EFF-Austin Nominates Austin for Google’s Fiber for Communities Project

Google Fiber for Communities Project Nomination of EFF-Austin

We at EFF-Austin have submitted our Google Fiber for Communities nomination. Our letter will be included in the City of Austin’s official nomination package. We think Austin, as a community and a broadband market, is the perfect place for a FTTH network and we hope that Google agrees.

Matthew Henry is an EFFA board member and a partner at McCollough|Henry, PC

Barbershop Punk: SXSW Features Film About Net Neutrality

The SXSW Film Festival is screening a documentary about the open Internet and Net Neutrality called Barbershop Punk at the Austin Convention Center on March 15th and 18th. The title refers to Robb Topolski’s 2007 investigation of Comcast’s network management practices after having trouble sharing public domain barbershop quartet music files. Topolski discovered that the company was secretly throttling P2P applications, which he made public on a dslreports bulletin board. With this discovery, Net Neutrality exploded into the mainstream political discourse and Topolski became a reluctant public figure. The power of the network providers to become the gatekeepers to the Internet became frighteningly clear and Net Neutrality was no longer “a solution in search of a problem.” In response, the FCC forced Comcast to stop throttling P2P, which Comcast is appealing in federal court, and began the process of establishing concrete network management rules to prevent similar practices in the future (with some major loopholes).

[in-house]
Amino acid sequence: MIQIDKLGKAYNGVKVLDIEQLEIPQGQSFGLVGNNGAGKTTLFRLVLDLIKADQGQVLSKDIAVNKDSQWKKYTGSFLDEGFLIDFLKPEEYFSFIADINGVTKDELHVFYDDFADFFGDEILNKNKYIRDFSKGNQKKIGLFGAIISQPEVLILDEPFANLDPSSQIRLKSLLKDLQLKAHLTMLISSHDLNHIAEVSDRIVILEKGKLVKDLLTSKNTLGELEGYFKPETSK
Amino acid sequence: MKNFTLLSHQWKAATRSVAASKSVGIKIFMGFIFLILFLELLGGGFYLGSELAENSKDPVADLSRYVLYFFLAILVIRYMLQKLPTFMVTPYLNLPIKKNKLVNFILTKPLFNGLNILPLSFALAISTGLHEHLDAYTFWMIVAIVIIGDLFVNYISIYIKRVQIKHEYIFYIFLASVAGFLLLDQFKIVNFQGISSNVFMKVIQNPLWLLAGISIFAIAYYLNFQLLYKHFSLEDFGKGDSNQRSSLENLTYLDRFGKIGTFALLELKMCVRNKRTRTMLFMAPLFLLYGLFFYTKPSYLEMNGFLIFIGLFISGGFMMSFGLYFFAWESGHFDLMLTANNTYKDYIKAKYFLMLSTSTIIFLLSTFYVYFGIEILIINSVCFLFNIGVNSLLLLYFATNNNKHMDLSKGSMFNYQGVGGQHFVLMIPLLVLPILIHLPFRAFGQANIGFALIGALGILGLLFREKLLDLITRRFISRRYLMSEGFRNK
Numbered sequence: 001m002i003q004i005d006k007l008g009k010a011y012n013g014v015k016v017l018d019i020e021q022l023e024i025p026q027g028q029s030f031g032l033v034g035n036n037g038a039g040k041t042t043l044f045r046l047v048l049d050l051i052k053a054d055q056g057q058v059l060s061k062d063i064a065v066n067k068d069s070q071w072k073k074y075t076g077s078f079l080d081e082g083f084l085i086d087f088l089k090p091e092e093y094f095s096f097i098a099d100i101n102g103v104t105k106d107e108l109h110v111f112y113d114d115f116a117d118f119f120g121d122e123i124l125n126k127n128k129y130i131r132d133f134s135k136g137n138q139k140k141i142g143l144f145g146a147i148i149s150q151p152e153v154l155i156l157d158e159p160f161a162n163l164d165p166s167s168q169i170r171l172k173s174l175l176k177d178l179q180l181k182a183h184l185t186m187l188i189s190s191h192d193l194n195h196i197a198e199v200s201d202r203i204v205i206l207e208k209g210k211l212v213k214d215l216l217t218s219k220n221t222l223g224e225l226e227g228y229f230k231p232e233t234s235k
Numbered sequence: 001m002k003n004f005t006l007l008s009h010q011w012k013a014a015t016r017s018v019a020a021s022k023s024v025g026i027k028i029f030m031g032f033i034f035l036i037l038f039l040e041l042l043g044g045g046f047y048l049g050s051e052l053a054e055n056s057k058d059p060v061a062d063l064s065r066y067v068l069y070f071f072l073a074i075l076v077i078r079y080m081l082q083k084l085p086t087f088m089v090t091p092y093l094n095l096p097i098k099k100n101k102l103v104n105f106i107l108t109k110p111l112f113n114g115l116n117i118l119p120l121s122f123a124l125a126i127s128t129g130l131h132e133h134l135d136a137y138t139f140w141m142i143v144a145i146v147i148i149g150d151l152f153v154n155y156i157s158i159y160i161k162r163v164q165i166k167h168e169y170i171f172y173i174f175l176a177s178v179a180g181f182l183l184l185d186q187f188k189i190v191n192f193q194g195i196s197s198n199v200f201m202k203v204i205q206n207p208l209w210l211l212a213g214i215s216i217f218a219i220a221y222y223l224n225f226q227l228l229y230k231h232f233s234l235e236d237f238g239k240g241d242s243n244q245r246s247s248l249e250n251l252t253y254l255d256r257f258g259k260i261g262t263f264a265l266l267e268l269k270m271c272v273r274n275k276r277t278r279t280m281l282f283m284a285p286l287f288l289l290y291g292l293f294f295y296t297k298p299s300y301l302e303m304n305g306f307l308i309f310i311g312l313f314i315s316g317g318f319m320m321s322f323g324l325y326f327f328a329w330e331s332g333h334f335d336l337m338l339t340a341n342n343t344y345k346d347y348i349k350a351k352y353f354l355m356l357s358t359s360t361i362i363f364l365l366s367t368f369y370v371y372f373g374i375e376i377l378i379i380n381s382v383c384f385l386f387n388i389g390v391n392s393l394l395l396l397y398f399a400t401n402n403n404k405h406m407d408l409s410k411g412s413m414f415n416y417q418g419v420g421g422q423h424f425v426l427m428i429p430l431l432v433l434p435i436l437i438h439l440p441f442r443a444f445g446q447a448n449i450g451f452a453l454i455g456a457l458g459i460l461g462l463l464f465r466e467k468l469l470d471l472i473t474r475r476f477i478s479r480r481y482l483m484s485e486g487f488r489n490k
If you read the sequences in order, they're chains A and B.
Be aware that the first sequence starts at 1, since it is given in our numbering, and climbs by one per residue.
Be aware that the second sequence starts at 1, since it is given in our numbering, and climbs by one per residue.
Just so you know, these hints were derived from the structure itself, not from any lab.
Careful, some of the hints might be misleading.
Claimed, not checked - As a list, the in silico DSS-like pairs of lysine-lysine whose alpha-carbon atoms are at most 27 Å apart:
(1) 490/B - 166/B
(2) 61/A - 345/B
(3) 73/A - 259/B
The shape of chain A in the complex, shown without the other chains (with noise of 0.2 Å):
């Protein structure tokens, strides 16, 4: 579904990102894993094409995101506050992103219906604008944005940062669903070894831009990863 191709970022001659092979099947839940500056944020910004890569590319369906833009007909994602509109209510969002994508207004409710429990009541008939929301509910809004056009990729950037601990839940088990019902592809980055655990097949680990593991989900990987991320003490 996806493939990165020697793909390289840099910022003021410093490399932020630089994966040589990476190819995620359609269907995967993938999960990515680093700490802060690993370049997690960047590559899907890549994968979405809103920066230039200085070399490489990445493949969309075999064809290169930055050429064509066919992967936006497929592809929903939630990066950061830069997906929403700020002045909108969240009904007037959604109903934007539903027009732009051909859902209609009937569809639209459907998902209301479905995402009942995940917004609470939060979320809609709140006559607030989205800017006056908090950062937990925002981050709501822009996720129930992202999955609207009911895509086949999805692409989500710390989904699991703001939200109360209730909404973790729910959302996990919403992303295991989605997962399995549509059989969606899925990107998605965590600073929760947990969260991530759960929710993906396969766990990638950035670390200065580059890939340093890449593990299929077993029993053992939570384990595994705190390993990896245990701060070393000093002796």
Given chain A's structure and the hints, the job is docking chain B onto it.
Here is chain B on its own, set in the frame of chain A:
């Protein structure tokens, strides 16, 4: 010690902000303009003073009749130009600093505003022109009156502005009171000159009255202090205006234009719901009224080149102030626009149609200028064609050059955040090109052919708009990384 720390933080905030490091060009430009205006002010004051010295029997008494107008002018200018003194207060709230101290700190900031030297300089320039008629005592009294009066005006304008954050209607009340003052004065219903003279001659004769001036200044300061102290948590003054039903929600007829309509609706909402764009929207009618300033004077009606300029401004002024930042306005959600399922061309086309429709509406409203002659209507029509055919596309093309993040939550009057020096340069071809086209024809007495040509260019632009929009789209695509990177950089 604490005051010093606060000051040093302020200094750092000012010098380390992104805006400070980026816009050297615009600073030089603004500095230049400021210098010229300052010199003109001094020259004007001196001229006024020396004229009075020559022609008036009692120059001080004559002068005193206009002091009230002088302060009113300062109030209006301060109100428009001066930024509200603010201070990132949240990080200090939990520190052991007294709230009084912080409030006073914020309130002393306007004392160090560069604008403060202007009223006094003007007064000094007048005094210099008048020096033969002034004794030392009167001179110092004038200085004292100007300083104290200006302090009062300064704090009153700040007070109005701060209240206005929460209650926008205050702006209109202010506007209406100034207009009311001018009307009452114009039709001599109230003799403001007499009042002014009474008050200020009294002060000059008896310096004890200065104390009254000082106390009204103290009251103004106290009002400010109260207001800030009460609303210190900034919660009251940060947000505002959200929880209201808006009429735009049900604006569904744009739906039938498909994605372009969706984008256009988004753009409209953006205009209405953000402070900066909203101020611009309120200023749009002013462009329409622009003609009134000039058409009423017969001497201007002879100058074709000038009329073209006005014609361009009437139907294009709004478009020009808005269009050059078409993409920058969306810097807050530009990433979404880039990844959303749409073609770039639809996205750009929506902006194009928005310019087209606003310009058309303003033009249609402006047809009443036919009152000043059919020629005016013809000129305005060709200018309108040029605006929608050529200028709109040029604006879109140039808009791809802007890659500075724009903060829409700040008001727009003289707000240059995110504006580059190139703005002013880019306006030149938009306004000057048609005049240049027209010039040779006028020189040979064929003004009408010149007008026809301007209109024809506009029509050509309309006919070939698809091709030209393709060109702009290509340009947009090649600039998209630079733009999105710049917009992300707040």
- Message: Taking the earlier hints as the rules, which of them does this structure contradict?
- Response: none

From the preview, it looks like the film includes interviews with some of the most prominent actors in the Net Neutrality debate and questions the wisdom of the government’s policy of trusting the duopoly Internet access market to function without any oversight.

Matthew Henry is an EFFA board member and a partner at McCollough|Henry, PC

Call to Action: Nominate Austin For Google’s FTTH Experiment

Google just announced that they plan on rolling out a 1Gbps fiber-to-the-home (FTTH) Internet access service in a number of trial locations. To give some perspective, a 1Gbps Internet access service would be over 65 times faster than Time Warner Cable’s fastest Road Runner tier available in Austin and over 165 times faster than AT&T’s fastest available DSL tier. According to the company’s policy blog, Google wants to build out the super high-speed fiber network for between 50,000 and 500,000 people and to operate it as an open access network, open to all competitors that want to offer FTTH service. Now, Google is trying to figure out where to build this network and is looking for city nominations.

Austin, as a tech hub and an Internet-savvy community, would be a fantastic test bed for this FTTH experiment. Austinites are highly connected and sophisticated Internet users and would perfect beta testers for super high-speed service. Also, with the city’s two major Internet Access Providers (AT&T and Time Warner Cable) experimenting with usage caps and metered service, the city may soon need just such an uncapped high-speed alternative service.

Google is asking for community nominations from individual users, community groups, and local governments. The company will be accepting nominations until March 26, 2010. We urge Austinites to let Google know that they think Austin would be a perfect test site and to send in their nominations for Austin early and often.

Matthew Henry is an EFFA board member and a partner at McCollough|Henry, PC